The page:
Suit Over Religious Rooftop Message Stands

     (CN) – An Alaska woman who painted a religious message on her roof can sue her town for ordering her to take it down, the Alaska Supreme Court ruled.

     Leta Trask asked permission from the Ketchikan Gateway Borough before painting the message. Town officials told her she would not need a permit because her message was not a “sign” under the definition in the borough code.
     Trask then painted “Do Unto Others… By Your Deeds You’re Known: Love Your Neighbor: You’re Welcome” on her roof with a cross and two hearts.
     However, some of her uphill neighbors complained about the message. The borough asked Trask to take the message down, but she refused.
     The borough took her to court seeking an injunction for her to remove the sign and pay a $200 fine.
     Trask countersued, claiming the borough singled her out for enforcement and violated her constitutional right to free speech.
     The trial court dismissed the borough’s complaint because the message did not qualify as a sign but also dismissed Trask’s civil rights countersuit.
     However, the Alaska Supreme Court ruled that Trask had standing to bring a civil-rights complaint.
     “By alleging that the borough infringed on her right to free speech through an enforcement action that was aimed directly at her, she has articulated enough of an injury to confer interest injury standing,” Justice Craig Stowers wrote on the court’s behalf.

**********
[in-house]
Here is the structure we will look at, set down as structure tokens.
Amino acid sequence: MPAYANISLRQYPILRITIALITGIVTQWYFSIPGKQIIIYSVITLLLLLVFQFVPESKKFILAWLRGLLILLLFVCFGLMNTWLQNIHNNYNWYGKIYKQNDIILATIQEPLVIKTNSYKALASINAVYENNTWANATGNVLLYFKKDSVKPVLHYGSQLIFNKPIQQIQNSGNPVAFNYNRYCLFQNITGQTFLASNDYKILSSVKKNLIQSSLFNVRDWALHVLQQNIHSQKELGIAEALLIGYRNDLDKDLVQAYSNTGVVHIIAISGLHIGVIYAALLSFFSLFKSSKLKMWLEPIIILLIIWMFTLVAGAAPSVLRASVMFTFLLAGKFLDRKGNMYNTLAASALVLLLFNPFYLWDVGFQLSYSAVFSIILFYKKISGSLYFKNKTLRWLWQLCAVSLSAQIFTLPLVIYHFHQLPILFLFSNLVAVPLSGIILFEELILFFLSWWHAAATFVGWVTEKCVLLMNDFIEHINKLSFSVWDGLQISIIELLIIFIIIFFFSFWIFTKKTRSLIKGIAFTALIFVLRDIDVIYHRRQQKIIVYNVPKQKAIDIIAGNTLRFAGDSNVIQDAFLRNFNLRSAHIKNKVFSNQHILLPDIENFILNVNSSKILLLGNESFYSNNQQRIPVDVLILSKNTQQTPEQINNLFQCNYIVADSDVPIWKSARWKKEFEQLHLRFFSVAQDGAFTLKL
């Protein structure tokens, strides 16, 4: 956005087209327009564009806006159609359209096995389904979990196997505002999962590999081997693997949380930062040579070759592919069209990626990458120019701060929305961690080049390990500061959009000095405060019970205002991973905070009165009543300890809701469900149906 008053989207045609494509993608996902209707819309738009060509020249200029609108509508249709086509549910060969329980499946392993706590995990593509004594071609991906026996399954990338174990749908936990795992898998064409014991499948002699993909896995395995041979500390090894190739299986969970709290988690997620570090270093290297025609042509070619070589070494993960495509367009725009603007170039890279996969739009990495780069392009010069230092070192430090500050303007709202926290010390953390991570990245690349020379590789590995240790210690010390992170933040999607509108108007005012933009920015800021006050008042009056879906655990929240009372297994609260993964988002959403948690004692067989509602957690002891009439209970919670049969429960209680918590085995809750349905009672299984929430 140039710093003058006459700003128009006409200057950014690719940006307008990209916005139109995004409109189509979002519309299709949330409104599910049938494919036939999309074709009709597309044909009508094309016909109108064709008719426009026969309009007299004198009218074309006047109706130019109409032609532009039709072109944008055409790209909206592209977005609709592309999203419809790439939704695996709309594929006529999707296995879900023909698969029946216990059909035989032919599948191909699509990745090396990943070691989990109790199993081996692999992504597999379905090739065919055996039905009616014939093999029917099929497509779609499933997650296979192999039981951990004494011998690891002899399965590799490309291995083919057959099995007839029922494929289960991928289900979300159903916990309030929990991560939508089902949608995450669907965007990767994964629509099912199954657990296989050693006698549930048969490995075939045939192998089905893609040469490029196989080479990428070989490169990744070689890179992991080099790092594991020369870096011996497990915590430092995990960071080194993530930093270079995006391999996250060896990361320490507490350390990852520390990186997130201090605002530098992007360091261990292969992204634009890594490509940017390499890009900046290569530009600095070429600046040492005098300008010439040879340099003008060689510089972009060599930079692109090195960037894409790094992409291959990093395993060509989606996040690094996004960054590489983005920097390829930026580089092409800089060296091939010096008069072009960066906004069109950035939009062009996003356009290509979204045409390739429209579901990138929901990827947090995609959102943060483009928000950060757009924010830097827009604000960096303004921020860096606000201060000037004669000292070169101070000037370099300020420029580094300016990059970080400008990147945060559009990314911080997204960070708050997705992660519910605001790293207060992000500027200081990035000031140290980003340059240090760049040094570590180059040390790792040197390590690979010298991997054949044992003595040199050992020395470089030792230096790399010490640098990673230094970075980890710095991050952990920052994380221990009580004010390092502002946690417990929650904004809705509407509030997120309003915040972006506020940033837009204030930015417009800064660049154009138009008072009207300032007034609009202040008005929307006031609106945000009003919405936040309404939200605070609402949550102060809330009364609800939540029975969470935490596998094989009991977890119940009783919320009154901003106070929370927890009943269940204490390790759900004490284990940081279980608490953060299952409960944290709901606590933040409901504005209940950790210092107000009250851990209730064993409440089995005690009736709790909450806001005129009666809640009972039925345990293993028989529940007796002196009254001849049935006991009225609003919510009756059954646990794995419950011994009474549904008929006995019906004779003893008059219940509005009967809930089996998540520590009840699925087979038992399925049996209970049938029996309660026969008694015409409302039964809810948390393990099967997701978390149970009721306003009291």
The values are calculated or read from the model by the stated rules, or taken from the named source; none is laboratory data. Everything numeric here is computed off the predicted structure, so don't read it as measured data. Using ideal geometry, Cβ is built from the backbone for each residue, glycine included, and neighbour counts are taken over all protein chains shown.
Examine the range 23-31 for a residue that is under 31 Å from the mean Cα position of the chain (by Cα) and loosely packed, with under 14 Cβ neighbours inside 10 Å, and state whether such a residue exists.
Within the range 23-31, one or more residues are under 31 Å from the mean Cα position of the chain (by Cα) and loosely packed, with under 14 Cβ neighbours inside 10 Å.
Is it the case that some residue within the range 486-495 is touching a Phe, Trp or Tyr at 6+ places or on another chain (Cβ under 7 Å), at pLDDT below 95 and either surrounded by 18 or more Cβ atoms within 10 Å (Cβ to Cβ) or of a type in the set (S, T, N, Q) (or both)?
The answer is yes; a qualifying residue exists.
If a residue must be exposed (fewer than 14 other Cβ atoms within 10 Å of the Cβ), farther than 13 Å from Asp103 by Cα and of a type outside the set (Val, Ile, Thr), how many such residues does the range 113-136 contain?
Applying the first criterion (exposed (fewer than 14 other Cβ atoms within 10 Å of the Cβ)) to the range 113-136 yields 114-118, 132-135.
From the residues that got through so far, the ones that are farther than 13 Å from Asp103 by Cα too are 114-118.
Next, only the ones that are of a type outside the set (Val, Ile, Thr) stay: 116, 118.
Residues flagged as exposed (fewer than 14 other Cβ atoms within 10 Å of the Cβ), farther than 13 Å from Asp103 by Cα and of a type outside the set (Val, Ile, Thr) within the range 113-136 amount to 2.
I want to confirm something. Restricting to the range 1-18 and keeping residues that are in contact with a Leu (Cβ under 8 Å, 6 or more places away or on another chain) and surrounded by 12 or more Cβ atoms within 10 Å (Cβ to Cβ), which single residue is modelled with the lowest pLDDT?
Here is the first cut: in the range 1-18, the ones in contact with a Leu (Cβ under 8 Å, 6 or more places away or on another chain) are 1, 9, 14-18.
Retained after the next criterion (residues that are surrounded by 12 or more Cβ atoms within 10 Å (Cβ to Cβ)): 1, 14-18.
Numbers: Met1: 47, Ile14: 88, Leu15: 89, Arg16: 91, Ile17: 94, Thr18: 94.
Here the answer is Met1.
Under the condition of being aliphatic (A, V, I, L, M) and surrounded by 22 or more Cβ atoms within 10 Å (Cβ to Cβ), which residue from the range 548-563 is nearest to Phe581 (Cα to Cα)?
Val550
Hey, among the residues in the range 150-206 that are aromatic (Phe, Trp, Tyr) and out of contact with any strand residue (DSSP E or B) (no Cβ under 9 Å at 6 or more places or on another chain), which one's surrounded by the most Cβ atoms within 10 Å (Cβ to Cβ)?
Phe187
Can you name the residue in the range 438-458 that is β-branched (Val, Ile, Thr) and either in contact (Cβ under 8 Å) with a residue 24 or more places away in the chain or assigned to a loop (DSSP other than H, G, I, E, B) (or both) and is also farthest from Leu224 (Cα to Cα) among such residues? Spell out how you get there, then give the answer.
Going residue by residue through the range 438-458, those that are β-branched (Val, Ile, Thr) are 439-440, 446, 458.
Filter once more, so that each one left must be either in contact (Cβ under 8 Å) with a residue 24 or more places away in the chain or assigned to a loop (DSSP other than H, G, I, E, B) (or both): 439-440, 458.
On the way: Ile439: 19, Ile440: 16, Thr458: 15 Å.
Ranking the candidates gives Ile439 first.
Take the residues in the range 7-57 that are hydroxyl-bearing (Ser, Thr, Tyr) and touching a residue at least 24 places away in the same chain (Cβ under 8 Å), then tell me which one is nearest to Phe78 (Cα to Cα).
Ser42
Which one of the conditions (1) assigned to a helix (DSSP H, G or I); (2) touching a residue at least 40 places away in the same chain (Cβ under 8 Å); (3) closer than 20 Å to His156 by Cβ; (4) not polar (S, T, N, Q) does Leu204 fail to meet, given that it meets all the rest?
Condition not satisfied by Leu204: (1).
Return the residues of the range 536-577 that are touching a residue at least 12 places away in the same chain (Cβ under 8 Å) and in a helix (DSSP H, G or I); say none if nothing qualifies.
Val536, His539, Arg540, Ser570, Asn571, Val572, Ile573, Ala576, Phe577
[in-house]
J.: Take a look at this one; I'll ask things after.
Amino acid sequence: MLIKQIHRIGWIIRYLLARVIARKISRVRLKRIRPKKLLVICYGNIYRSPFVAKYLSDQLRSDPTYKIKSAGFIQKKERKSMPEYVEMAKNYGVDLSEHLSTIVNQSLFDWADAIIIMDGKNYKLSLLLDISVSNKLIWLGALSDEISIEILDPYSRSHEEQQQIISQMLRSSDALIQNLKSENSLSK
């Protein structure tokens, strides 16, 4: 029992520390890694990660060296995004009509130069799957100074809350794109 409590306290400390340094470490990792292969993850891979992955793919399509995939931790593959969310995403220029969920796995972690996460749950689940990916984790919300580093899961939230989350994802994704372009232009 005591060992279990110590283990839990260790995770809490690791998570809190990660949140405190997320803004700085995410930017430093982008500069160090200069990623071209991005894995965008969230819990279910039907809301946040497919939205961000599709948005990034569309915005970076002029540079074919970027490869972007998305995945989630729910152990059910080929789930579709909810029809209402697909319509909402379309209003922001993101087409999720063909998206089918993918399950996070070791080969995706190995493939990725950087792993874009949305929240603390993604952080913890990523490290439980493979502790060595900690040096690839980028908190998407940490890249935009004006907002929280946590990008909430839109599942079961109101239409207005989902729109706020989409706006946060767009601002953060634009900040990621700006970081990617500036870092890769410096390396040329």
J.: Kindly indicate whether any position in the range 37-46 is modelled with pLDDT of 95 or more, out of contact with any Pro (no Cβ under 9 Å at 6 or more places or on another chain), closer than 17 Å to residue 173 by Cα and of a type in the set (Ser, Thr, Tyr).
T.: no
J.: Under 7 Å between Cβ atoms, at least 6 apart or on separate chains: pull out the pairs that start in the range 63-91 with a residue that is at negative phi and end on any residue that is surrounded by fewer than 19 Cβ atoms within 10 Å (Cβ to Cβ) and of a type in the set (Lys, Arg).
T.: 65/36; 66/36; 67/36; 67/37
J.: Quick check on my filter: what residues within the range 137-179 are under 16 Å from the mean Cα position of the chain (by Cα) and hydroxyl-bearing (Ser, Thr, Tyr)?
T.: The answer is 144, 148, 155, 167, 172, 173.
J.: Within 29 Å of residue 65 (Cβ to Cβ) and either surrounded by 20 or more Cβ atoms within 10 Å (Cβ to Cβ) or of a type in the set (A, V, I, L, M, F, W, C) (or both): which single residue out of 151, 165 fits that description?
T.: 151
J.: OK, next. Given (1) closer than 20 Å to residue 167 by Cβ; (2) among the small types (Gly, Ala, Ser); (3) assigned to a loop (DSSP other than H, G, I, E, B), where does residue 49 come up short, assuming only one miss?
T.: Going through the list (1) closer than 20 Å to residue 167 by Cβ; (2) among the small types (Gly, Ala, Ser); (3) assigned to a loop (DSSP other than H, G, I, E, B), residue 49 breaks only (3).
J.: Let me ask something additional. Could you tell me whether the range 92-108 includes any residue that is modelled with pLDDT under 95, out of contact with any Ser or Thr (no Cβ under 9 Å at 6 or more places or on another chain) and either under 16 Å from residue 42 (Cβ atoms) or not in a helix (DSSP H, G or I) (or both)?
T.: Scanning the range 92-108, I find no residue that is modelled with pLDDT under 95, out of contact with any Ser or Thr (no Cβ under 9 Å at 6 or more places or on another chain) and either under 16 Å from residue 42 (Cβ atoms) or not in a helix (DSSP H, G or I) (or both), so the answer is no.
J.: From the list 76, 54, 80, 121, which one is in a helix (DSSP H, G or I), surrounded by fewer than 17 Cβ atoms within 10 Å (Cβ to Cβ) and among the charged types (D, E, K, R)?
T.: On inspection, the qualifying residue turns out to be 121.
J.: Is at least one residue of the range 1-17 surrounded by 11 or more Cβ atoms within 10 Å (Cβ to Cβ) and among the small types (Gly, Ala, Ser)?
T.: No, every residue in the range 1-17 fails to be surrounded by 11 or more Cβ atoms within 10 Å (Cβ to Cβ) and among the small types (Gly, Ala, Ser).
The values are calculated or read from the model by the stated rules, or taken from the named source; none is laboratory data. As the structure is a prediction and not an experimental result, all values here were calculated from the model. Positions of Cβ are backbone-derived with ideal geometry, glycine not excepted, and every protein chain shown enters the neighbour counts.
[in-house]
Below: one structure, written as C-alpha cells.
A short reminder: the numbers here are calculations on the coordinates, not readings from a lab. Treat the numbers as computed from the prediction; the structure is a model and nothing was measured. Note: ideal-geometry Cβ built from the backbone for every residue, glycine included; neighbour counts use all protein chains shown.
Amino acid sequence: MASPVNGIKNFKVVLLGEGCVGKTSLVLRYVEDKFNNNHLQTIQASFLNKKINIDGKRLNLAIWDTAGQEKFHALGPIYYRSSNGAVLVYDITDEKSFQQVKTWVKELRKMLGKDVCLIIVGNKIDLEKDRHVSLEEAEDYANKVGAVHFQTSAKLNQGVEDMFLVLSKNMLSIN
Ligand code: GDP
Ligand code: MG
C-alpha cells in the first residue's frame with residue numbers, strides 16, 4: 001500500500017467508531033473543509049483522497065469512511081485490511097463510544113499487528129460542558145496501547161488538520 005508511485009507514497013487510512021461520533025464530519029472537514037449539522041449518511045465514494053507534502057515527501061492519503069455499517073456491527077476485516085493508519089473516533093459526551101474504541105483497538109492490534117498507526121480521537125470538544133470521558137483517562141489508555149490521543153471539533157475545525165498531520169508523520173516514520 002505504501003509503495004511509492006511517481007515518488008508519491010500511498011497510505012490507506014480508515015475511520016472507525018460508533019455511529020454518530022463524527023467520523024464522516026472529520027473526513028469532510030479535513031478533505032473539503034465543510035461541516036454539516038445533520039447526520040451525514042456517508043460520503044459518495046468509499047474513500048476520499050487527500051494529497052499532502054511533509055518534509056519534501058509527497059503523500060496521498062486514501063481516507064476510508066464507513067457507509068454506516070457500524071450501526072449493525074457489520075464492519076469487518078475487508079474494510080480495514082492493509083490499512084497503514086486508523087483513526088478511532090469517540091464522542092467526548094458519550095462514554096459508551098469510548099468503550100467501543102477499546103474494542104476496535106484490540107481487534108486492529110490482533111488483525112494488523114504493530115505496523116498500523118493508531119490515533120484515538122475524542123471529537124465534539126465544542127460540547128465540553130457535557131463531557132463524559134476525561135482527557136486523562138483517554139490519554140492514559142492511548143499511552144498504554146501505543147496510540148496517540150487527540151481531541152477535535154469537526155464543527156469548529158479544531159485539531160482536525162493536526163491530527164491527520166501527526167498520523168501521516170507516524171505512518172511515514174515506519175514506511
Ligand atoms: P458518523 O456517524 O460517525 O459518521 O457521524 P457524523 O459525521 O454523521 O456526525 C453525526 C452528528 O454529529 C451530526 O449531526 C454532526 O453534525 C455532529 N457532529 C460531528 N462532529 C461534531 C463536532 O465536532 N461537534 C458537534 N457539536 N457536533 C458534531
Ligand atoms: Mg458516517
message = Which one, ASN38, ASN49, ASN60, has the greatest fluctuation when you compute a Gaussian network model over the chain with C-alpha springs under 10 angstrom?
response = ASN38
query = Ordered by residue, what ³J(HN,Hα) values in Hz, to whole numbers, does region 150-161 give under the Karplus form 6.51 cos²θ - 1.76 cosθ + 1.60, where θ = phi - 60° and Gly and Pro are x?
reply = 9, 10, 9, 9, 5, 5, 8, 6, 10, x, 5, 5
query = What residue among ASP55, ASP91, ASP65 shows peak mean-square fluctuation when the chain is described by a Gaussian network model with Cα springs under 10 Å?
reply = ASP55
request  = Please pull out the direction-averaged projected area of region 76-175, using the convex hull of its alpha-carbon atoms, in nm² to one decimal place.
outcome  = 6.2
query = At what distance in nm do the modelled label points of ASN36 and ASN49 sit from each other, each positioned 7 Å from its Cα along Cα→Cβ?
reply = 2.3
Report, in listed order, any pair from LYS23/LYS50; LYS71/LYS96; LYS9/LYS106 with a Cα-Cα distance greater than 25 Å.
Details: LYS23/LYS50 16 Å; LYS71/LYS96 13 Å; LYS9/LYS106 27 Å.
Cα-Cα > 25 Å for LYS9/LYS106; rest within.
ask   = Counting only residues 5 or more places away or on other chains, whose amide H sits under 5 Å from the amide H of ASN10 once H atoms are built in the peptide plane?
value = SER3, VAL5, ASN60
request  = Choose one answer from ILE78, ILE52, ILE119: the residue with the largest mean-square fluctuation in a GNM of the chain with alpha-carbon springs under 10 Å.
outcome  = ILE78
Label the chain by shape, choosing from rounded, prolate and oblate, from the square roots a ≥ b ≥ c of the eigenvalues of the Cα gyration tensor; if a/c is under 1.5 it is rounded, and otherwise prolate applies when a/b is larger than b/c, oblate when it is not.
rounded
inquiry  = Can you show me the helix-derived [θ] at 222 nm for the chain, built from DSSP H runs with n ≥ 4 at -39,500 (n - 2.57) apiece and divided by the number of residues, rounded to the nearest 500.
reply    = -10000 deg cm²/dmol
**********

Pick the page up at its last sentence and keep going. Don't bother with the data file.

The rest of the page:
“Especially at the pleading stage, a litigant need not show a complete chilling of First Amendment rights; it is sufficient for a litigant to allege facts showing that an official’s acts would chill or silence a person of ordinary firmness from future First Amendment activities,” he added.
     The dispute between Trask and her neighbors dates back to a 2001 lawsuit. After her uphill neighbors’ home was destroyed in a fire and rebuilt, Trask complained that debris fell onto her property. She then painted her original “Do Unto Others” message, which she refreshed in the current case.

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